5. Target modules in other ships
  6. Simulation
    1. Compute dynamic commodities, e.g., heat, power, etc.
    2. Simulate attacks
    3. Trading (needs more GUI)
  7. Polish graphics
    1. Per-user color
    2. GUI stylization: bloom, noise, ripple on hit
    3. Re-coloring of ships


Problems 4-6

3 more problems down...one was in Ruby, which was easy/fun enough, one in Whenever, which is a ridiculous language except for when it is easy to write a solution in one line, and one is in Ook, a variant of Brainfuck. Despite how fun it has been to write brainfuck code, if I actually want to reach my goal, I am going to have to stick with more "reasonable" languages for a bit

Problem 4: Ruby

Find the largest palindrome which is the product of 2 3-digit numbers

https://dl.dropboxusercontent.com/u/34972177/PELC/e4.rb

Problem 5: Whenever

Find the smallest natural number divisible by the integers 1,...,20

https://dl.dropboxusercontent.com/u/34972177/PELC/e5.we

Problem 6: Ook! (Compiled to Ook! from Brainfuck)

Find the difference between (1 + 2 + ... + 100)^2 and (1^2 + 2^2 + ... + 100^2)

https://dl.dropboxusercontent.com/u/34972177/PELC/e6.bf

https://dl.dropboxusercontent.com/u/34972177/PELC/e6.ook


[MMc] GUI Built

Here's the plan, updated with the implemented portion in green.  Current rendering of the game:

Resizable, Skinned Windows and GUI Controls over a dynamic Starfield
  1. Build GUI infrastructure for popup ship windows (equivalent to the main view in a traditional RTS)
    1. Window render
    2. Window draw
    3. Window resize
    4. Window close
    5. Zoom control
  2. Ship View inside the popup windows
    1. Draw ships (with zoom and pan)
    2. Show modules as plain hexagons
    3. Left mouse selects, drags, and activates module
    4. Right-mouse pans view inside of a window
    5. Icon modules
  3. Draw main view that shows a "realistic" universe (equivalent to a minimap in a traditional RTS)
    1. Integrate starfield prototype
    2. Overlay GUI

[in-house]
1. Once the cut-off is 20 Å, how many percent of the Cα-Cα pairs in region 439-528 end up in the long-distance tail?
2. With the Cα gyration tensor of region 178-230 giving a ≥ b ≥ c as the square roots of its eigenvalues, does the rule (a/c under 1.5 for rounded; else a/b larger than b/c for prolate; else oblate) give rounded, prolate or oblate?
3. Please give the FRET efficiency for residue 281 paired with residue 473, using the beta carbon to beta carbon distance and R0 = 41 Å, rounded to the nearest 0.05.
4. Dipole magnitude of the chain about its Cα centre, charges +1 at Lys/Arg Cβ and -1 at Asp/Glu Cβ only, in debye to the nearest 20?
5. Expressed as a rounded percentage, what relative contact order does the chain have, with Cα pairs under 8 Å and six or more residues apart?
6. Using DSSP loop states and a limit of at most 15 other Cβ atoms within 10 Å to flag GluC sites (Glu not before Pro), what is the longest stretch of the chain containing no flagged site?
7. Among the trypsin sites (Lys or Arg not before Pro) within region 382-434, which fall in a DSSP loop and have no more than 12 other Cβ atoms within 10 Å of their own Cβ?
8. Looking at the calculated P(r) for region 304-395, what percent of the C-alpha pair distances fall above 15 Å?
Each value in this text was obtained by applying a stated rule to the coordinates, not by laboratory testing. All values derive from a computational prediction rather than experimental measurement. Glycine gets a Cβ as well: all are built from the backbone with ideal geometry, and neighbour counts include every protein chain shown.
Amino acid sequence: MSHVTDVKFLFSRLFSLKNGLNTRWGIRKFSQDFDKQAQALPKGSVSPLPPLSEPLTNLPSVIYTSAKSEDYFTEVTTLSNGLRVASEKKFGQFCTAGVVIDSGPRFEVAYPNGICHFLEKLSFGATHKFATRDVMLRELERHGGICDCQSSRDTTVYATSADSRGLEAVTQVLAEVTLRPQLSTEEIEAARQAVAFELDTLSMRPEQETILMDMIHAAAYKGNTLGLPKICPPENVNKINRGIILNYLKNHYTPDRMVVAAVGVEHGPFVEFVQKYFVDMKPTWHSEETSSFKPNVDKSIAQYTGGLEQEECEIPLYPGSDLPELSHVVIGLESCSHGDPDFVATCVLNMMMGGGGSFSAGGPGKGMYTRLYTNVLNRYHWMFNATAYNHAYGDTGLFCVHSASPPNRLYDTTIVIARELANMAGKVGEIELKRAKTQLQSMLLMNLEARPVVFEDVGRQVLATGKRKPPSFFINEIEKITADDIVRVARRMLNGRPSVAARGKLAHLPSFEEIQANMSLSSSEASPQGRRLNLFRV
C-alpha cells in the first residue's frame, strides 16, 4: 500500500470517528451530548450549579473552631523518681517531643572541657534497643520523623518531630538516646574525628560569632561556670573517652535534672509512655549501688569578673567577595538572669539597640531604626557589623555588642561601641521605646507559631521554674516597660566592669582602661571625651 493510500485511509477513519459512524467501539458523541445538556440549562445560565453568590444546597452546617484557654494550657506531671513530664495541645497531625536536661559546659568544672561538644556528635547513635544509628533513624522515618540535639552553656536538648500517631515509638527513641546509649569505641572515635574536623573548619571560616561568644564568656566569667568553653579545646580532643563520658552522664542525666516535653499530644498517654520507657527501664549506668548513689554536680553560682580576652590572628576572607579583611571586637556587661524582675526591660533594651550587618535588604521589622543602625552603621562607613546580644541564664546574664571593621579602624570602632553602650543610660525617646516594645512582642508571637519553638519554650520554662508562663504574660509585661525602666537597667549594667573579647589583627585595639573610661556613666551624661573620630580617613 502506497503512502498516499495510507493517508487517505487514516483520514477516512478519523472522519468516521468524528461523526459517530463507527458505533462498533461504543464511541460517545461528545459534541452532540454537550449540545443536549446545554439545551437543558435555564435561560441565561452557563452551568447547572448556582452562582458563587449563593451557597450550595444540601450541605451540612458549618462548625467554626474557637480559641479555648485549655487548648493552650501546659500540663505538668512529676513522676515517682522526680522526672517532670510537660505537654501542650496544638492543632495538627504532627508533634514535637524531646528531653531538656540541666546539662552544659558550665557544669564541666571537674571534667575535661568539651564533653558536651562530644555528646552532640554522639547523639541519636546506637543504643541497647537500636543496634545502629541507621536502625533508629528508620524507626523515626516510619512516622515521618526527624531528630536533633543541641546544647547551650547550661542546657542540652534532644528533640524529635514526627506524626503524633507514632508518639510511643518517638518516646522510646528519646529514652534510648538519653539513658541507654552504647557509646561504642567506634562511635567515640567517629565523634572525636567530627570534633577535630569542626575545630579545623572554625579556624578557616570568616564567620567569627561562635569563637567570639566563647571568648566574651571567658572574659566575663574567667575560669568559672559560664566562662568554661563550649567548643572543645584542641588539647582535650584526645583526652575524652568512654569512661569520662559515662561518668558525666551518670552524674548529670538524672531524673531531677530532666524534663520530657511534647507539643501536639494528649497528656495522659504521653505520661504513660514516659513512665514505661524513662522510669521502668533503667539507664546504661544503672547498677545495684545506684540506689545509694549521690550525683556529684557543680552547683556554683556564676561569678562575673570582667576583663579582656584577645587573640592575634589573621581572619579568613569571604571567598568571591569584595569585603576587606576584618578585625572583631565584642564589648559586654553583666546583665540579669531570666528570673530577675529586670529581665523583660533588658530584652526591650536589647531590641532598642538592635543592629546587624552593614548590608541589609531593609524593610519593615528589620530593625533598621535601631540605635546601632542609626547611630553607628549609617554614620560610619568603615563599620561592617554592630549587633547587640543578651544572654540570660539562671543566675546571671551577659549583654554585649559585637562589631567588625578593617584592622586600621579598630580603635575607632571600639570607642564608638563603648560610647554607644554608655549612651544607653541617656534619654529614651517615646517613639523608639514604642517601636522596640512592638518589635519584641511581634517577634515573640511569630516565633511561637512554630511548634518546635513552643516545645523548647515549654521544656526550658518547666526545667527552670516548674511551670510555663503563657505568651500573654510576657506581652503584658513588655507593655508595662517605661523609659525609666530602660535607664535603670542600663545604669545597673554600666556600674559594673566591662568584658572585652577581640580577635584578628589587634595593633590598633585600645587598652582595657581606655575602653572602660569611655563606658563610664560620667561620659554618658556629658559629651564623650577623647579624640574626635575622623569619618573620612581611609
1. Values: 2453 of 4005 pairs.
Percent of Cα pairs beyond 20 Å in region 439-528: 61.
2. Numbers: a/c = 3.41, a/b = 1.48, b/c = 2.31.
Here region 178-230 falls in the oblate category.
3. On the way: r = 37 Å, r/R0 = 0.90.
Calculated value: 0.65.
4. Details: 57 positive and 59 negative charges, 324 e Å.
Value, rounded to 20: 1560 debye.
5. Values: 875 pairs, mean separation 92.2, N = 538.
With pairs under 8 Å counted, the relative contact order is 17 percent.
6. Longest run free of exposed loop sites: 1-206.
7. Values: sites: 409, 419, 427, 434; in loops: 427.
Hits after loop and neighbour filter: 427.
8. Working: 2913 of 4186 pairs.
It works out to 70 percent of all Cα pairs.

3. Show ships
    4. Show free modules
    5. Draw paths
  4. Main view interaction
    1. Support zooming
    2. Show ships
    3. Support selection of ships
    4. Provide waypoint GUI
    5. Warp-drive
  5. Module interaction
    1. Drag within ship
    2. Drag outside ship
    3. Drag inside ship
    4. Activate
    5. Target modules in other ships
  6. Simulation
    1. Compute dynamic commodities, e.g., heat, power, etc.
    2. Simulate attacks
    3. Trading (needs more GUI)
  7. Polish graphics
    1. Per-user color
    2. GUI stylization: bloom, noise, ripple on hit
    3. Re-coloring of ships


So after some work i have a functioning rasterizer that will render a simple scene like Cornell Box pretty fast. I was originally running into a but where i did not properly convert the points to camera space before projecting them onto the camera plane. This caused a weird error which looked like this.
After i fixed the issue it looks like this. The change in brightness is not from my render but from a change in the scene.
The shading might look pretty bad right now but that is because i am not focusing on it. What I want to do now is optimize the hell out of the rasterizer and then at the end I will deal with trying to make the shading look nice. right now it is just a simple lambertian.

View from the Graphics Lab: 24 hours to go

Sam

Mike

Morgan and Dan

[Sam] 3 Solutions

Problem 1: BrainFuck

Find the sum of all multiples of 3 or 5 less than 1000: (Answer printed in unary)

The code I actually wrote:
https://dl.dropboxusercontent.com/u/34972177/PELC/e1.bf

The more cool-looking version:
https://dl.dropboxusercontent.com/u/34972177/PELC/e1Unreadable.bf

Problem 2: Haskell

Find the sum of all even Fibonacci numbers less than 4000000

https://dl.dropboxusercontent.com/u/34972177/PELC/e2.hs

Problem 3: J

Find the largest prime factor of 600851475143 (First line is my initial solution, the second a better one James helped me find)

https://dl.dropboxusercontent.com/u/34972177/PELC/e3.jis

[Sam] One down...

Because of the difficulty of using it, I decided that problem number 1 should be written in BrainF. It took most of the morning, but I have succeeded at this task. I unfortunately needed to compromise my rule of "programs must output the solution, not an intermediary value needed to compute it", but because the intermediary value was extremely easy to parse into a solution (I output a number of characters equal to the solution), but it would have been incredibly difficult to actually print a number, I decided to stick with the intermediary version. My next problem will be done using a much more sane language...maybe something like Haskell, which I have never used, though it is a language that is actually meant to be used.

edit: I did not compromise my rules, the number is printed in unary.

Tuesday, August 6, 2013

[Michael] Radiosity